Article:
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Pennsylvania Senate moves to expand online gambling

| Tuesday, May 23, 2017, 7:36 p.m.
A Rivers Casino employee reaches for chips at a roulette table at Rivers Casino.
Nate Smallwood | Tribune Review
A Rivers Casino employee reaches for chips at a roulette table at Rivers Casino.

The Senate advanced gaming legislation Tuesday, showing its hand to the House as the two chambers continue working toward an agreement on expanding gaming in Pennsylvania.

“We needed to show them where we are,” said Sen. Kim Ward, R-Hempfield. “We need to get this started.”

The Senate added sweeping language to bring casino-style gambling and the Pennsylvania Lottery to online players to a bill authorizing tablet gaming at eight airports, including Arnold Palmer Regional Airport near Latrobe and Pittsburgh International Airport.

Gambling would be limited to people at least 21 years old who are utilizing the airport.

The Senate's proposal could generate between $109 million and $146 million in the next fiscal year, as lawmakers grapple with at least a half-billion-dollar shortfall this year and at least a $2 billion deficit next year.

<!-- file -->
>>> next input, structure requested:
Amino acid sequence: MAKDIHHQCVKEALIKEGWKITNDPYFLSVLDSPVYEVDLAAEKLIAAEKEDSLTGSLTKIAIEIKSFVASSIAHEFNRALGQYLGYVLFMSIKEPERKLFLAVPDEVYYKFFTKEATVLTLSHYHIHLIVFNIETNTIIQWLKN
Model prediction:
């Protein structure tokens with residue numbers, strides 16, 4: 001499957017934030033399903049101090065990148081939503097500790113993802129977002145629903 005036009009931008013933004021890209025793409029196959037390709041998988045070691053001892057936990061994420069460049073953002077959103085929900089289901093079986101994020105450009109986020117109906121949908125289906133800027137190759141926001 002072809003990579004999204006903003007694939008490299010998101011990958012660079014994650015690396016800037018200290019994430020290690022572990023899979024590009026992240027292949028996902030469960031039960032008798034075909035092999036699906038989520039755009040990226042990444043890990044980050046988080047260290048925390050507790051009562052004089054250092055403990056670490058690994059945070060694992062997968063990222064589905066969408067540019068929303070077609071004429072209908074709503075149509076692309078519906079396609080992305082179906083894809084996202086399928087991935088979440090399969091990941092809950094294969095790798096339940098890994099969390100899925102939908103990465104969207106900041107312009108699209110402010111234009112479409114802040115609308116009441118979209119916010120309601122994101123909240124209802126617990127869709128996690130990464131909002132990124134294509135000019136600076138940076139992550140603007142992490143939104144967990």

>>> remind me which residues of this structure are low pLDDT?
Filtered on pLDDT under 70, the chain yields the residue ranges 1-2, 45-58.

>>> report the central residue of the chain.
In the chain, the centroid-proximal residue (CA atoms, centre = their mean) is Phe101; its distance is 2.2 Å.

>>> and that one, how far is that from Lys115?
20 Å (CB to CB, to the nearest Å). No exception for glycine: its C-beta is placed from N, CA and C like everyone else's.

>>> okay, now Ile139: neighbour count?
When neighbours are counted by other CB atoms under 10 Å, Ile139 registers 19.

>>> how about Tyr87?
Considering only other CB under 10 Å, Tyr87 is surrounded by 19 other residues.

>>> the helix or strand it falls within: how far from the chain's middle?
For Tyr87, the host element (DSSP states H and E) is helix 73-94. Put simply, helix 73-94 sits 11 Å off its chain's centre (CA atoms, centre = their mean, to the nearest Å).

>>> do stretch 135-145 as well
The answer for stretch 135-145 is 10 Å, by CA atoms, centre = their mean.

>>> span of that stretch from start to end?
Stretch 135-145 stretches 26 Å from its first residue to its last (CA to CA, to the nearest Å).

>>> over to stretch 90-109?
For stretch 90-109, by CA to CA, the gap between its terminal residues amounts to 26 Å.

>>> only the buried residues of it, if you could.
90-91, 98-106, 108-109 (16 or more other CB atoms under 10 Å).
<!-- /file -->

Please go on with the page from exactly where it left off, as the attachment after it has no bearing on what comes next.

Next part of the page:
The Senate could hold a final vote on the bill as early as Wednesday and send it to the House.

“This reflects what we felt, that we had the votes to pass and move on to the House for further discussions,” said Jennifer Kocher, spokeswoman for Senate Majority Leader Jake Corman, R-Centre.

Ward, a member of the Senate gaming committee who had chaired the committee until the start of this legislative session, said the House likely will change the bill and return it to the Senate.

“We hopefully can bring this to a conclusion,” she said. “It's frustrating.”

The Legislature is facing a court-ordered deadline to fix the local share assessment, which was ruled unconstitutional by the state Supreme Court last year. The deadline, which has been extended once, is Friday. The Senate bill aimed to address the court's constitutional concerns.

“I have not at all given up on trying to take better care of the counties that don't have a casino and get any of that gaming money,” Ward said.

Westmoreland County hosts no casinos so it receives no local share grants.

Kevin Zwick is a Tribune-Review staff writer. Reach him at 724-850-2856, kzwick@tribweb.com or via Twitter @kevinjzwick.

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